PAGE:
Performance Tuning Using GNU gprof
A profiler provides execution profiles. In other words, it tells you how much time is being spent in each subroutine or function. You can view two kinds of extreme profiles: a sharp profile and a flat profile.
Typically, scientific and engineering applications are dominated by a few routines and give sharp profiles. These routines are usually built around linear algebra solutions. Tuning code should focus on the most time-consuming routines and can be very rewarding if successful.
Programs with flat profiles are more difficult to tune than ones with sharp profiles. Regardless of the code’s profile, a subroutine (function) profiler, gprof, can provide a key way to tune applications.
Profiling tells you where a program is spending its time and which functions are called while the program is being executed. With profile information, you can determine which pieces of the program are slower than expected. These sections of the code can be good candidates to be rewritten to make the program execute faster. Profiling is also the best way to determine how often each function is called. With this information, you can determine which function will give the most performance boost by changing the code to perform faster.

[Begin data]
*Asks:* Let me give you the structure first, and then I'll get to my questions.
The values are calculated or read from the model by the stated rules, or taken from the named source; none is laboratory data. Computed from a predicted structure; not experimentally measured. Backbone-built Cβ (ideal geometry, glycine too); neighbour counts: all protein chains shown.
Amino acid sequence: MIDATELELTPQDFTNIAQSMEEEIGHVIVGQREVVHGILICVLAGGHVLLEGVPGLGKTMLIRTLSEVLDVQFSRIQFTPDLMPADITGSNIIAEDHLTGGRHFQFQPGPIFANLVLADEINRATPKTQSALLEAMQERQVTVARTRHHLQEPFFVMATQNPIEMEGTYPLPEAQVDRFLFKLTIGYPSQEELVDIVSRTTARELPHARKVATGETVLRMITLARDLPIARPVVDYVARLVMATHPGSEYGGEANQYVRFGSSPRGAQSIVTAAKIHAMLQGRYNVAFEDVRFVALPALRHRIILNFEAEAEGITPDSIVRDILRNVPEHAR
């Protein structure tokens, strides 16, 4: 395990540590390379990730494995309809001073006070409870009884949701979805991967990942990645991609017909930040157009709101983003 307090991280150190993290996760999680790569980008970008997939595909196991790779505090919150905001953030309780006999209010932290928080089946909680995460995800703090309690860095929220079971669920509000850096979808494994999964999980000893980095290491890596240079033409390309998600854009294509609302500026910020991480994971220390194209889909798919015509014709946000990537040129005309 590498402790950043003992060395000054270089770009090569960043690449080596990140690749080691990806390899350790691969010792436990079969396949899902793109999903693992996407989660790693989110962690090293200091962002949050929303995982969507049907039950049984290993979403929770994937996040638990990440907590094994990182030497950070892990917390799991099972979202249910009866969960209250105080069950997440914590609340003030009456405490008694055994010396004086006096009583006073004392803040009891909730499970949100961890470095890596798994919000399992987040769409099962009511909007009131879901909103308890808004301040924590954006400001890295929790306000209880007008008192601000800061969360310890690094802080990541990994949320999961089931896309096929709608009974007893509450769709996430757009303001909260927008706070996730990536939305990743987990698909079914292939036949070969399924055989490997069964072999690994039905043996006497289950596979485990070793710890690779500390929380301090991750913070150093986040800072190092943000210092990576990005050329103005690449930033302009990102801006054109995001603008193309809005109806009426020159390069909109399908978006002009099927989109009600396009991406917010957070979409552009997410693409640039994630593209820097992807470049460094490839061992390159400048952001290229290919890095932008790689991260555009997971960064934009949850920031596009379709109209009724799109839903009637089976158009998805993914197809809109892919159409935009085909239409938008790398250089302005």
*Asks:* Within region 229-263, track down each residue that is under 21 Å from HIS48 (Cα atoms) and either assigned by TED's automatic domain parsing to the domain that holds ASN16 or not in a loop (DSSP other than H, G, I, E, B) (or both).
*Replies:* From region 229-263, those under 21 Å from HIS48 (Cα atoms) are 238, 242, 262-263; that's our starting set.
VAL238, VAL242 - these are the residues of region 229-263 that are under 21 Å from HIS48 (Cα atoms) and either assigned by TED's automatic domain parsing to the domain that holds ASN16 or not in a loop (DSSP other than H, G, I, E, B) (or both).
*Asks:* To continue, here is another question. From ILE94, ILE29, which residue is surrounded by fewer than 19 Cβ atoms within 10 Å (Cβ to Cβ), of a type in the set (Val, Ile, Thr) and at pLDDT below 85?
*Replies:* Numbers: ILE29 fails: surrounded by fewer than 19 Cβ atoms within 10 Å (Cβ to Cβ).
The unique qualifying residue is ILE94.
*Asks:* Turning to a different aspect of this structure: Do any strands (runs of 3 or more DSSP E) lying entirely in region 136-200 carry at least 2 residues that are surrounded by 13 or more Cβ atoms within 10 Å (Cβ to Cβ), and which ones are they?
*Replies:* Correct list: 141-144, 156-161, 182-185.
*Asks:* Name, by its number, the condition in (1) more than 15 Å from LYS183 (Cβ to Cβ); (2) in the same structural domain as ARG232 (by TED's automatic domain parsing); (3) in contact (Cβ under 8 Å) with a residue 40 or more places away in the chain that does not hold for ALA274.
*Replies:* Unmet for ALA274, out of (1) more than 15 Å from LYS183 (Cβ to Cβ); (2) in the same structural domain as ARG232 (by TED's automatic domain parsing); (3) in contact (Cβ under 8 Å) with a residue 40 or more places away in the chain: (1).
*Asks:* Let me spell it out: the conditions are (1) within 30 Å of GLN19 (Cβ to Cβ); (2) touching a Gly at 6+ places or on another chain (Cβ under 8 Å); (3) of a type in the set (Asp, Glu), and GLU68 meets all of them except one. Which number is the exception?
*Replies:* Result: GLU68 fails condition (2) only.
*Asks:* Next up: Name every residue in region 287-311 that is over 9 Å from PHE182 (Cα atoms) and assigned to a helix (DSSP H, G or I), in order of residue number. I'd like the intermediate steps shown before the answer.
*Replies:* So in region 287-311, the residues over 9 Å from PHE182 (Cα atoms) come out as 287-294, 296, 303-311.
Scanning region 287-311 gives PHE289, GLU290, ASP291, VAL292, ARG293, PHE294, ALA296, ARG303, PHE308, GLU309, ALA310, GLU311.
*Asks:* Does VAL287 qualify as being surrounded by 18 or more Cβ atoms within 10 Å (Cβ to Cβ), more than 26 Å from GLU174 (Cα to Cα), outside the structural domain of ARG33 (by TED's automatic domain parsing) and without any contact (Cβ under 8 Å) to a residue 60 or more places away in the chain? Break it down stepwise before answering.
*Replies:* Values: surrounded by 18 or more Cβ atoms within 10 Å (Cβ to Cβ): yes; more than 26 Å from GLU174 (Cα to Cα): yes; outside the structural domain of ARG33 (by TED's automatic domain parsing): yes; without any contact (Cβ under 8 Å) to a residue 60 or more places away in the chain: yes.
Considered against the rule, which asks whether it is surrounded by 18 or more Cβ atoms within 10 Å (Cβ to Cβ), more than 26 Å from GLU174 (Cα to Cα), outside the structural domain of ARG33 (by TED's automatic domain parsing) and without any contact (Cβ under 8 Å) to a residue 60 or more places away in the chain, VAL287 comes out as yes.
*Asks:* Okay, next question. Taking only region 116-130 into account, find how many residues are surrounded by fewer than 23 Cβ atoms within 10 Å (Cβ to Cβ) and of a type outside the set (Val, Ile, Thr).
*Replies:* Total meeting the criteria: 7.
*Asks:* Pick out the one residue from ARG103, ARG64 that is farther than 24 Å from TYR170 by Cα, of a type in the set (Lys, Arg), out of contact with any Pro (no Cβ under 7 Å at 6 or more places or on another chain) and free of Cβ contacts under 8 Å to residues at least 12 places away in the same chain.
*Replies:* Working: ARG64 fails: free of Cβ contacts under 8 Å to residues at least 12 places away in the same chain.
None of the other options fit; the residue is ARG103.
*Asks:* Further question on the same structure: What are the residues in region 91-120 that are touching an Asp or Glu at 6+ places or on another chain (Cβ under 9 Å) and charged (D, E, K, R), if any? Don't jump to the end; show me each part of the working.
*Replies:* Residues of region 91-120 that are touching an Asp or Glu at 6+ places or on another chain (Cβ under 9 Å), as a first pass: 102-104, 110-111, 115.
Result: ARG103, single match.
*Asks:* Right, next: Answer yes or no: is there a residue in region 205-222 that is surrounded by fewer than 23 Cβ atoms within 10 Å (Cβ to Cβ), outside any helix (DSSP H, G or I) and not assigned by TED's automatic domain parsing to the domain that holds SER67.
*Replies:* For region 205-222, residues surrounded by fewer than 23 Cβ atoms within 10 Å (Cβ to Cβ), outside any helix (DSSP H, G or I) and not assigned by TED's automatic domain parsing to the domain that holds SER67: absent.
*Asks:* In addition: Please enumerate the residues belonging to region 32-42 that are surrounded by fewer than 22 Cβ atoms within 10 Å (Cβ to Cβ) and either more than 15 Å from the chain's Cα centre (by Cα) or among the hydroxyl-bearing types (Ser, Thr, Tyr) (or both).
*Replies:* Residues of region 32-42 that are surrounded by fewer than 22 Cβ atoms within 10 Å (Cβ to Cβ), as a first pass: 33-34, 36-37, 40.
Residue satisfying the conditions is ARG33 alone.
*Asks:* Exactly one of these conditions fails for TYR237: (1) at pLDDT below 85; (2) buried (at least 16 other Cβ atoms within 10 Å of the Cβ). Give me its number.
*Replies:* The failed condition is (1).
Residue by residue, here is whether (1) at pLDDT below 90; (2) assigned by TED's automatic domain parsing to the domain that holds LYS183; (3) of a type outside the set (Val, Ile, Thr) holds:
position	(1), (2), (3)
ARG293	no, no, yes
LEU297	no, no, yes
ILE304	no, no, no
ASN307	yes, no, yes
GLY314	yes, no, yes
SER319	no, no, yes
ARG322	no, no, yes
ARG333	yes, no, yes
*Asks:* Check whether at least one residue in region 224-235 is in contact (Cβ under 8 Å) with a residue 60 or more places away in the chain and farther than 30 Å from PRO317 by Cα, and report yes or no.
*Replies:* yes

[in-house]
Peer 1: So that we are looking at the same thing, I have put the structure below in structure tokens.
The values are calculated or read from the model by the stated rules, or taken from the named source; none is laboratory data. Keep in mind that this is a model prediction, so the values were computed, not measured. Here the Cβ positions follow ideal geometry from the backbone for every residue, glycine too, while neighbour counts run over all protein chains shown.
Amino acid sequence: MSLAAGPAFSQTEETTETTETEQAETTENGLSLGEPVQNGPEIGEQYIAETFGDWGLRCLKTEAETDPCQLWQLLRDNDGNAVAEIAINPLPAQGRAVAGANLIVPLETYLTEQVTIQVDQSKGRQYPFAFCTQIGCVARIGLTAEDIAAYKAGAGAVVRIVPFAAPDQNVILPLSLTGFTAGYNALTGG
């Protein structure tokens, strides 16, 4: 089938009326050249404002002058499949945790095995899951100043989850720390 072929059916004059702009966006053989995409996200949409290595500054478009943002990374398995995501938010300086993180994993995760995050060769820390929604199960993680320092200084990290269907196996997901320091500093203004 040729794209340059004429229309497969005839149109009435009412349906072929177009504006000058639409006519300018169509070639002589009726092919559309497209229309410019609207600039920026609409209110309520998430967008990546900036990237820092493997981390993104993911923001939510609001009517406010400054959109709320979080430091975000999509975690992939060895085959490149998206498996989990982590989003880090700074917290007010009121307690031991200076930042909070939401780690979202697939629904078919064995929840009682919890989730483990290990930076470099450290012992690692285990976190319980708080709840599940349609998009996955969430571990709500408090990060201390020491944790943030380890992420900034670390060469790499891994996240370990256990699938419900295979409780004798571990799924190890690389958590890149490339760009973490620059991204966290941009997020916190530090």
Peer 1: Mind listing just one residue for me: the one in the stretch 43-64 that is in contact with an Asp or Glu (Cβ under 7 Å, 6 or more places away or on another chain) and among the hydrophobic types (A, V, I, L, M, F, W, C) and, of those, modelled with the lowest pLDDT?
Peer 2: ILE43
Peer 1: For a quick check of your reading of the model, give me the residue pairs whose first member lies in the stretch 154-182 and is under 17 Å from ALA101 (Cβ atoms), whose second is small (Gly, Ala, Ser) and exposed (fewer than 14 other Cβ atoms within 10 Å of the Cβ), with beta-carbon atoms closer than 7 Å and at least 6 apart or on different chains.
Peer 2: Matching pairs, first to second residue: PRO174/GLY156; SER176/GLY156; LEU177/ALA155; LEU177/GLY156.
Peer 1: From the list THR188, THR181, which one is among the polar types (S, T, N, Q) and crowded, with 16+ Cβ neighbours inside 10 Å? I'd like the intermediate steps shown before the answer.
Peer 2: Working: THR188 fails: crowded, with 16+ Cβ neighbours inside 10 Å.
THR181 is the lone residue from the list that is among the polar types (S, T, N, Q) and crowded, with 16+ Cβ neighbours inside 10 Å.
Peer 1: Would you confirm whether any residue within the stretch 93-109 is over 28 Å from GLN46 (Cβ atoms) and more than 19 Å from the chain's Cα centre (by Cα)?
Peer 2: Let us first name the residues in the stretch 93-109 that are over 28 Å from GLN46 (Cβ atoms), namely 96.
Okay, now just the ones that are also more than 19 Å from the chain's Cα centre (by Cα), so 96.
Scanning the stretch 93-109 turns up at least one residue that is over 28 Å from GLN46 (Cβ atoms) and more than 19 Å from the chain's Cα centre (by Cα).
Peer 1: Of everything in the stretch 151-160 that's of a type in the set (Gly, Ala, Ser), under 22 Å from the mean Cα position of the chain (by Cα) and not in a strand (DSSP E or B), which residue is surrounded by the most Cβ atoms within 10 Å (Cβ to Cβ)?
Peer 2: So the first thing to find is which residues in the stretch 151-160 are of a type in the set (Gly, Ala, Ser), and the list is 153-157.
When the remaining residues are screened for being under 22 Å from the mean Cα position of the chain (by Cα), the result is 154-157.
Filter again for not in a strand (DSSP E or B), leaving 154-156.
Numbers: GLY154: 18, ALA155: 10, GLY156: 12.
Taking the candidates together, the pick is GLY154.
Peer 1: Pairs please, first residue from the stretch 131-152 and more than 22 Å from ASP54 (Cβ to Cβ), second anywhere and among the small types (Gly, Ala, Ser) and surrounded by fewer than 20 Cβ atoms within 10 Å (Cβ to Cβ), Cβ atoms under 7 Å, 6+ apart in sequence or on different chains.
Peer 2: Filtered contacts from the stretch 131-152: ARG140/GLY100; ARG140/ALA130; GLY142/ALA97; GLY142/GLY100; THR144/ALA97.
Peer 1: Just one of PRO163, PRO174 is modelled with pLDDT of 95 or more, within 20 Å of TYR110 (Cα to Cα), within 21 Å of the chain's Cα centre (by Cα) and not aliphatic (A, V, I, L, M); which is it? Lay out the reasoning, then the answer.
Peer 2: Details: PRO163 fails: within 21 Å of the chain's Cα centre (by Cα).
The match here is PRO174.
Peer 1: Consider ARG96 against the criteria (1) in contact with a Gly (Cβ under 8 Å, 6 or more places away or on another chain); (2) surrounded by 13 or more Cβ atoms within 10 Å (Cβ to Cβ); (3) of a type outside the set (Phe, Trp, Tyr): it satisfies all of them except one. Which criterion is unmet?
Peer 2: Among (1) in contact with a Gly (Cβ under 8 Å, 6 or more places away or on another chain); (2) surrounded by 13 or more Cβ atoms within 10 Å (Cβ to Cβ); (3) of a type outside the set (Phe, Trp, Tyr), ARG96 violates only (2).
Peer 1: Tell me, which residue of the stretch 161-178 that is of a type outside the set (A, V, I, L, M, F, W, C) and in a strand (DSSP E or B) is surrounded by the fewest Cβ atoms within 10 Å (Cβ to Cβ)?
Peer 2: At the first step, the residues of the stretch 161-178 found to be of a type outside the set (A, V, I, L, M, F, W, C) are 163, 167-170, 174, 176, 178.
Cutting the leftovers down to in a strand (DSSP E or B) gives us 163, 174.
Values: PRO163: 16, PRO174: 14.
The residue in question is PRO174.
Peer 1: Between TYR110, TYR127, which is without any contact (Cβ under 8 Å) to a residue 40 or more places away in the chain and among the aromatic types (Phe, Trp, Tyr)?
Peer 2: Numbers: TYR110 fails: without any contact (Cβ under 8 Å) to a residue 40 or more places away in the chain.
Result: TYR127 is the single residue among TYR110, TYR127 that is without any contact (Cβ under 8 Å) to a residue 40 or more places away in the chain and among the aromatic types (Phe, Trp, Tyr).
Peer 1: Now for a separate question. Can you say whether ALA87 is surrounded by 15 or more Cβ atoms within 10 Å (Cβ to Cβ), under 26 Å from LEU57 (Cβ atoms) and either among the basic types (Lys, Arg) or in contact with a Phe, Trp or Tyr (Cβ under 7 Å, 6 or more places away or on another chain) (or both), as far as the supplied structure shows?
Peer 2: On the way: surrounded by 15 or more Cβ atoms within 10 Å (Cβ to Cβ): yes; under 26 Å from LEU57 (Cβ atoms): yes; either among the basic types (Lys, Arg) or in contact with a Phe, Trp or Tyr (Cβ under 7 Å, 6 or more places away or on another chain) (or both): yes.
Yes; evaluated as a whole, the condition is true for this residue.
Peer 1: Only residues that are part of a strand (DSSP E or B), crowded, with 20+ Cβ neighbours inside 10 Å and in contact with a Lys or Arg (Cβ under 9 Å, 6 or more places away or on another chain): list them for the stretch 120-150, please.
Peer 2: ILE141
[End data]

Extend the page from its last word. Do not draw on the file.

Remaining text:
The profiler collects data during the program’s execution. Having a complete analysis of the program helps you ensure that all its important paths are while the program is being profiled. Profiling can also be used on programs that are very complex. This could be another way to learn the source code in addition to just reading it. Now let’s look at the steps needed to profile a program using gprof:
- Profiling must be enabled when compiling and linking the program.
- A profiling data file is generated when the program is executed.
- Profiling data can be analyzed by running gprof.
gprof can display two different forms of output:
- A flat profile displays the amount of time the program went into each function and the number of times the function was executed.
- A call graph displays details for each function, which function(s) called it, the number of times it was called, and the amount of time that was spent in the subroutines of each function. Figure 1.10 shows part of a call graph.
Figure 1.10 A typical fragment of a call graph.
gprof is useful not only to determine how much time is spent in various routines, but also to tell you which routines call (invoke) other routines. Suppose you examine gprof’s output and see that xyz is consuming a lot of time, but the output doesn’t tell you which routine is calling xyz. If there were a call tree, it would tell you where the calls to xyz were coming from.